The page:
I think she was probably right. When we had our swimming pool dug years ago, we found rocks that were as round as melons and as smooth as eggs. Within the 9 foot deep hole, we could see fascinating layers of rock and clay. Some of the clay was as thick and sticky as modeling clay. When I saw those layers, I better understood why we had such bad drainage in certain areas.

Rocks found in swimming pool dig
As someone who has a love for rocks in the garden, our lack of large stone creates somewhat of a problem. Sure, we could buy rock, but I have a huge garden and rock is surprisingly very expensive around these parts. My thrifty nature has encouraged me to look for other alternatives and over the years we've found many people willing to share their rocks.

I think the first free rocks we ever collected were from a friend out in the Dripping Springs area. He was trying to clear a horse pasture, so his horses didn't twist a leg. If you've never seen Dripping Springs rock, it's really quite fascinating. The limestone has been eaten away and is full of holes. This rock is loaded with character and makes a great accent piece in a garden bed.

I remember years ago when a friend cued us in on a new development that was going in out in Burnet. The site was loaded with these thick, beautiful, nature flag stones. We spent several weekends collecting (with permission) as many as we could before the bulldozers cleared the remaining rocks away. Today many of these stones can be found throughout our garden.

Small path leading to water feature

Steps leading to a bird bath

Pond edging stone

Garden bed brimming with heartleaf skullcap
When it comes to rock, I'm happy to help those with rock abundant landscapes to thin the herd, so to speak. Our friend Ely owns one such property that I've visited several times in the last few years. He definitely has plenty of rock to spare and is trying to clear some of it out. I've totally drooled over some of the beautiful rocks that were just too big for us to move. Fortunately, a neighbor with a tractor volunteered to help us load them on our last visit. The rocks were so heavy, we couldn't fit many in the truck. They were the devil to move when we got them home, but oh so worth it.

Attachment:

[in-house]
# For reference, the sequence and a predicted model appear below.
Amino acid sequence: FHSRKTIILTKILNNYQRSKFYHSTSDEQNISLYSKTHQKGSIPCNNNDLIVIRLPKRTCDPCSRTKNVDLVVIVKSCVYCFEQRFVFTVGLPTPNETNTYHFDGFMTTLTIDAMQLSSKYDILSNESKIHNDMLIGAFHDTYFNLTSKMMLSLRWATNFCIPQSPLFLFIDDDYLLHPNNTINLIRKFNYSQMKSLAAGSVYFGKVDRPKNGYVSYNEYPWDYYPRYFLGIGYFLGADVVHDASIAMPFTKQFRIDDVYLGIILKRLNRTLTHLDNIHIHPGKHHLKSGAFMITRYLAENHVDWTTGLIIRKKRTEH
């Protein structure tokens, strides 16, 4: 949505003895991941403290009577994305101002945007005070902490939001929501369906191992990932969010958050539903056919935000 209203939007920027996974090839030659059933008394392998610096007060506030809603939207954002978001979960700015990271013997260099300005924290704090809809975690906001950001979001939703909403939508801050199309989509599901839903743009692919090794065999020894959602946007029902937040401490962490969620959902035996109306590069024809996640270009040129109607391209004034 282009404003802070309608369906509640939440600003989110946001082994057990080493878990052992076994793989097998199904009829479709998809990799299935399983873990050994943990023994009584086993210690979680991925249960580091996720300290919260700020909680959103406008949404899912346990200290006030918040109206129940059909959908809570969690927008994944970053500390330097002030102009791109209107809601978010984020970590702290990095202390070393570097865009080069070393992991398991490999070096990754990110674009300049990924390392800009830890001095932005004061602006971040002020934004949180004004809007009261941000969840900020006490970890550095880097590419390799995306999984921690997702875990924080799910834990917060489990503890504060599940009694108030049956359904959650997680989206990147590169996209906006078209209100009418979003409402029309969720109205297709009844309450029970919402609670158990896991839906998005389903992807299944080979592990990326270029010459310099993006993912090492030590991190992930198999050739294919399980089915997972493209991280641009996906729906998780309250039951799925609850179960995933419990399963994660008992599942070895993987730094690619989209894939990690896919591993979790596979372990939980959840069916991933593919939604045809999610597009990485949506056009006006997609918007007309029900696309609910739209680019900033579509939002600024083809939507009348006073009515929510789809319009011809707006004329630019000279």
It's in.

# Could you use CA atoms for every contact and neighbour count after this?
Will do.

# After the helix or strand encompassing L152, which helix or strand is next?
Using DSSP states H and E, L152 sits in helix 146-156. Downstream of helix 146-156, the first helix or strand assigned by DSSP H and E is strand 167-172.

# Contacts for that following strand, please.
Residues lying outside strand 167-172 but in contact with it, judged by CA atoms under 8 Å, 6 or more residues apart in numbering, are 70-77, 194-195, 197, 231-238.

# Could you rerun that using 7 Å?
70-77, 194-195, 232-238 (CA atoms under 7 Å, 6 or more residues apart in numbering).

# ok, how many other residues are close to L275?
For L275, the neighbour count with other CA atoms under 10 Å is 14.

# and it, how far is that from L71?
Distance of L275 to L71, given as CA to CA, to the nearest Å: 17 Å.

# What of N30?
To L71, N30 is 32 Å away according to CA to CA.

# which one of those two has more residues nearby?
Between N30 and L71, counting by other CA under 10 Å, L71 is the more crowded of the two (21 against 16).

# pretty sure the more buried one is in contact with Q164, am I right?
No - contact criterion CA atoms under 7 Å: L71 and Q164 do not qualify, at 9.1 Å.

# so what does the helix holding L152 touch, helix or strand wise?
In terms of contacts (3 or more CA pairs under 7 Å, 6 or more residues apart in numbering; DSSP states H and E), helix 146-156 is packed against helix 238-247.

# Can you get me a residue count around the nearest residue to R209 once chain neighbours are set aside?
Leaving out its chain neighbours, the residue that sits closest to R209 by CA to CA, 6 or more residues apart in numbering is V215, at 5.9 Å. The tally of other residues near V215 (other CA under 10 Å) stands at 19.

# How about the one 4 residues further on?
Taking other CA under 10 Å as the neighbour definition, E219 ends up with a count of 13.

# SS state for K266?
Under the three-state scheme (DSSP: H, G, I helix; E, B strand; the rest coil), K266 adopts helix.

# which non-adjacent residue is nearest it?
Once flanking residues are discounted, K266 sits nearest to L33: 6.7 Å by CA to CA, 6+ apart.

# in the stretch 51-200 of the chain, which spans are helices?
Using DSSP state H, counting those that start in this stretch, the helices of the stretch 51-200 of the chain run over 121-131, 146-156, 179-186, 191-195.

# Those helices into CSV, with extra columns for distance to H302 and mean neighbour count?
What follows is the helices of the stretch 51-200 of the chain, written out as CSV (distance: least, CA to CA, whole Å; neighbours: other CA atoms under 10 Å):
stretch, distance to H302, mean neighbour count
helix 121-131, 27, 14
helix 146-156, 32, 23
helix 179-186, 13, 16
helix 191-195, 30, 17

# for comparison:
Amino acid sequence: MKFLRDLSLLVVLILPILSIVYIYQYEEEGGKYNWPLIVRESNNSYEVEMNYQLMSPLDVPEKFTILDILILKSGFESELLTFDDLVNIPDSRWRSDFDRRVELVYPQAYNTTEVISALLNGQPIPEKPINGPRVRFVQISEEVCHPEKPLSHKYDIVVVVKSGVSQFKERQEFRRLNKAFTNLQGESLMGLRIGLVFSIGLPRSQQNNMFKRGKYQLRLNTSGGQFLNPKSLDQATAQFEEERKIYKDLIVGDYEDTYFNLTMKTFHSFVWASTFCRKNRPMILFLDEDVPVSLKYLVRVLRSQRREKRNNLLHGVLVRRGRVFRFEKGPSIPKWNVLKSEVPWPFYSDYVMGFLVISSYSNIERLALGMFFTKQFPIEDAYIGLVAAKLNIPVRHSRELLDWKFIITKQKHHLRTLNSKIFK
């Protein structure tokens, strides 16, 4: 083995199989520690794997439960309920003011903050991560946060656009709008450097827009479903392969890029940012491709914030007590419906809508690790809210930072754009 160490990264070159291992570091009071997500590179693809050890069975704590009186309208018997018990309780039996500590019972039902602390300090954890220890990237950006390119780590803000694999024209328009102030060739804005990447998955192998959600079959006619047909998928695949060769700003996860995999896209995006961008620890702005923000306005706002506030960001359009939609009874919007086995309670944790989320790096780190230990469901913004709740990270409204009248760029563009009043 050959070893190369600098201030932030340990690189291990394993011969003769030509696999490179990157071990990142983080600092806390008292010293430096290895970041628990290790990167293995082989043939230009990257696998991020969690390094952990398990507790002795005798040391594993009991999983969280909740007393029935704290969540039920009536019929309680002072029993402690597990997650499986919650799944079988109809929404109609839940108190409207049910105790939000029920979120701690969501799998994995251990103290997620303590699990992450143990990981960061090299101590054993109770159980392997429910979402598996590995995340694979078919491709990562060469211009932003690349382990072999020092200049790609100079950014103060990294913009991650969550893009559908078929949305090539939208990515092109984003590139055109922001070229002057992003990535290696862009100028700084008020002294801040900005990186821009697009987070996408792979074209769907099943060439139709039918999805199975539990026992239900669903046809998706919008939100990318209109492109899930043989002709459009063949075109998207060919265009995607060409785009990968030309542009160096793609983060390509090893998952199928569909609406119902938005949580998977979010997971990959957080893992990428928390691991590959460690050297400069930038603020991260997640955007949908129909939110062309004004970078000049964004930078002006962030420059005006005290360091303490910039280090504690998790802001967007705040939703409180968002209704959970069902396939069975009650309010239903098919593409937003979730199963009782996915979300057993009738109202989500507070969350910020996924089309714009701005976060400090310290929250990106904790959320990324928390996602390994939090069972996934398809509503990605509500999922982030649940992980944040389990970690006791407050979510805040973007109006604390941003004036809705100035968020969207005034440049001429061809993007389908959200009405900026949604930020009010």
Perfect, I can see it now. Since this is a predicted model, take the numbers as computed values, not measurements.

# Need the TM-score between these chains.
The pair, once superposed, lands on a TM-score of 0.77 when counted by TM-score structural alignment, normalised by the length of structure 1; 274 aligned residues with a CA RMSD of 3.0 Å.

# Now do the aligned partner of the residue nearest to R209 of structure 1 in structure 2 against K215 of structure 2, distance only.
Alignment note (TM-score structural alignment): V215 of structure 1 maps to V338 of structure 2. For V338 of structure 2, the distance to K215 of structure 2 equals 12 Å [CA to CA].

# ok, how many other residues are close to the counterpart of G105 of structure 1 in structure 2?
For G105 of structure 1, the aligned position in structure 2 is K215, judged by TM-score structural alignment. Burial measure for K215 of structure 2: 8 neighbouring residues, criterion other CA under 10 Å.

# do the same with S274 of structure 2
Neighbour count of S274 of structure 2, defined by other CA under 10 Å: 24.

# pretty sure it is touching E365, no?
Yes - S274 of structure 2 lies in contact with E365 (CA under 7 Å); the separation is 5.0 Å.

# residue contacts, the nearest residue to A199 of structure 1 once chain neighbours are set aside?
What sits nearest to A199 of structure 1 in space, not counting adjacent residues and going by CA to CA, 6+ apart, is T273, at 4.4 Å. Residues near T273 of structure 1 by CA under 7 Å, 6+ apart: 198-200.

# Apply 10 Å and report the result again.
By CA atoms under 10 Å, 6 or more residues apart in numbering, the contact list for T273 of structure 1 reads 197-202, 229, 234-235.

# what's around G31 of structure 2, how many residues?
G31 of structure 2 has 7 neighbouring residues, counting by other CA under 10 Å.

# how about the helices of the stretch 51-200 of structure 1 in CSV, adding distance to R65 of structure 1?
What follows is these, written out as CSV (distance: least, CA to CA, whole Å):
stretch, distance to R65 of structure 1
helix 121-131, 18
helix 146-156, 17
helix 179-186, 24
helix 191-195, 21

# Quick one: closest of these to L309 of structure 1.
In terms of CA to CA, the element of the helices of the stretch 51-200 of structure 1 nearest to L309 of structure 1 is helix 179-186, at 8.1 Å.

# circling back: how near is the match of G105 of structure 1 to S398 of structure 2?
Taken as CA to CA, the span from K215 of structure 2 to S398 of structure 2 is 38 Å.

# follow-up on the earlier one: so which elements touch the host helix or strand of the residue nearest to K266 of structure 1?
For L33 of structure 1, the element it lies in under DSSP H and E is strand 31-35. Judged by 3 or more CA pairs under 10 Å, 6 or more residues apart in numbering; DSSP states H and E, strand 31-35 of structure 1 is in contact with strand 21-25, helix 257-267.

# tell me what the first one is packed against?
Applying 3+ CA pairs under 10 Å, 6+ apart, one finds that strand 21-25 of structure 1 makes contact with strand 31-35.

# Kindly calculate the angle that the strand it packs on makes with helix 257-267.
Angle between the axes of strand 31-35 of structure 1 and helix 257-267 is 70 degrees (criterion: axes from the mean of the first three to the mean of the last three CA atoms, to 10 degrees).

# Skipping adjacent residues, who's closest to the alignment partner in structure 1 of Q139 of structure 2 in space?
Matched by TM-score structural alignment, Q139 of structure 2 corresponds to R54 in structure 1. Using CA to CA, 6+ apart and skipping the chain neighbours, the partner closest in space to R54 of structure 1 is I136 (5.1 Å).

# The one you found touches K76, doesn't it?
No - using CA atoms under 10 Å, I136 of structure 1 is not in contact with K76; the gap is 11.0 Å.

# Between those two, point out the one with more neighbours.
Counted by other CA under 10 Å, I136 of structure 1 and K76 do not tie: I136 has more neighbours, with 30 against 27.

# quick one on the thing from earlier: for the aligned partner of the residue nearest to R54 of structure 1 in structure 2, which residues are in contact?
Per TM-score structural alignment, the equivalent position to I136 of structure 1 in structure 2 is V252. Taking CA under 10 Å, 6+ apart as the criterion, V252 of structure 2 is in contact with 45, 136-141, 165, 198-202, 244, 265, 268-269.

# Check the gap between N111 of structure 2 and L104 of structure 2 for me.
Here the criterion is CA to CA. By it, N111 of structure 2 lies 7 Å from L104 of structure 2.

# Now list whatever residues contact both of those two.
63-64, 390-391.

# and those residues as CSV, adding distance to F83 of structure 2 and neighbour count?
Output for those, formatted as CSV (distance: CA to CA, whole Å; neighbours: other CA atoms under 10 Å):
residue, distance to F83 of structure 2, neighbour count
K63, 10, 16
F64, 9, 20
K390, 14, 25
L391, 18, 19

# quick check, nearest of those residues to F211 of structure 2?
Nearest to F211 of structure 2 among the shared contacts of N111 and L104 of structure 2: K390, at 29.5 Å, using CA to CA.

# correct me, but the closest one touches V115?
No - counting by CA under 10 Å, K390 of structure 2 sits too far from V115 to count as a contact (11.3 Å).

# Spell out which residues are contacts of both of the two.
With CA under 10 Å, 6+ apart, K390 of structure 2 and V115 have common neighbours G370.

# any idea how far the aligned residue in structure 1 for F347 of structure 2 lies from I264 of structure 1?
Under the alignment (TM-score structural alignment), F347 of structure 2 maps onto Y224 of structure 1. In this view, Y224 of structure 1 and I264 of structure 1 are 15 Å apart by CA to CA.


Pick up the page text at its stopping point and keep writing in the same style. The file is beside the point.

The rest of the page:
Another Dripping Springs area property, owned by our friend Tom, has been supplying us with lots of stone for our dry stack garden bed projects. I'd like to eventually outline all of my garden beds with stone as a visual cue to the dogs to stay out, plus it looks good too. Last time we needed stone, Tom loaded a huge trailer full of stone for us. The stone has lots of interesting shapes and colors. Somehow my husband pieces them together in a way that they don't fall over. I either don't have the skill or the patience for this work, so I just lay out the basic shape shape and wait for Richard to put together his artistic rock puzzle.

These boulders are our latest acquisitions. I'm not sure where they are going yet, but luckily we have a small tractor to help move them into position. I'll be sure to think long and hard about placement, because I have a feeling they will probably stay where ever they land.

This blog made me realize just how many rocks we've amassed over the years and I couldn't help but chuckle as I was taking the photos. I wonder if archaeologists thousands of years from now will scratch their heads and wonder how all these hill country rocks came to rest so far away out here in the Post Oak Savannah. Hehehe. I know and now you do too.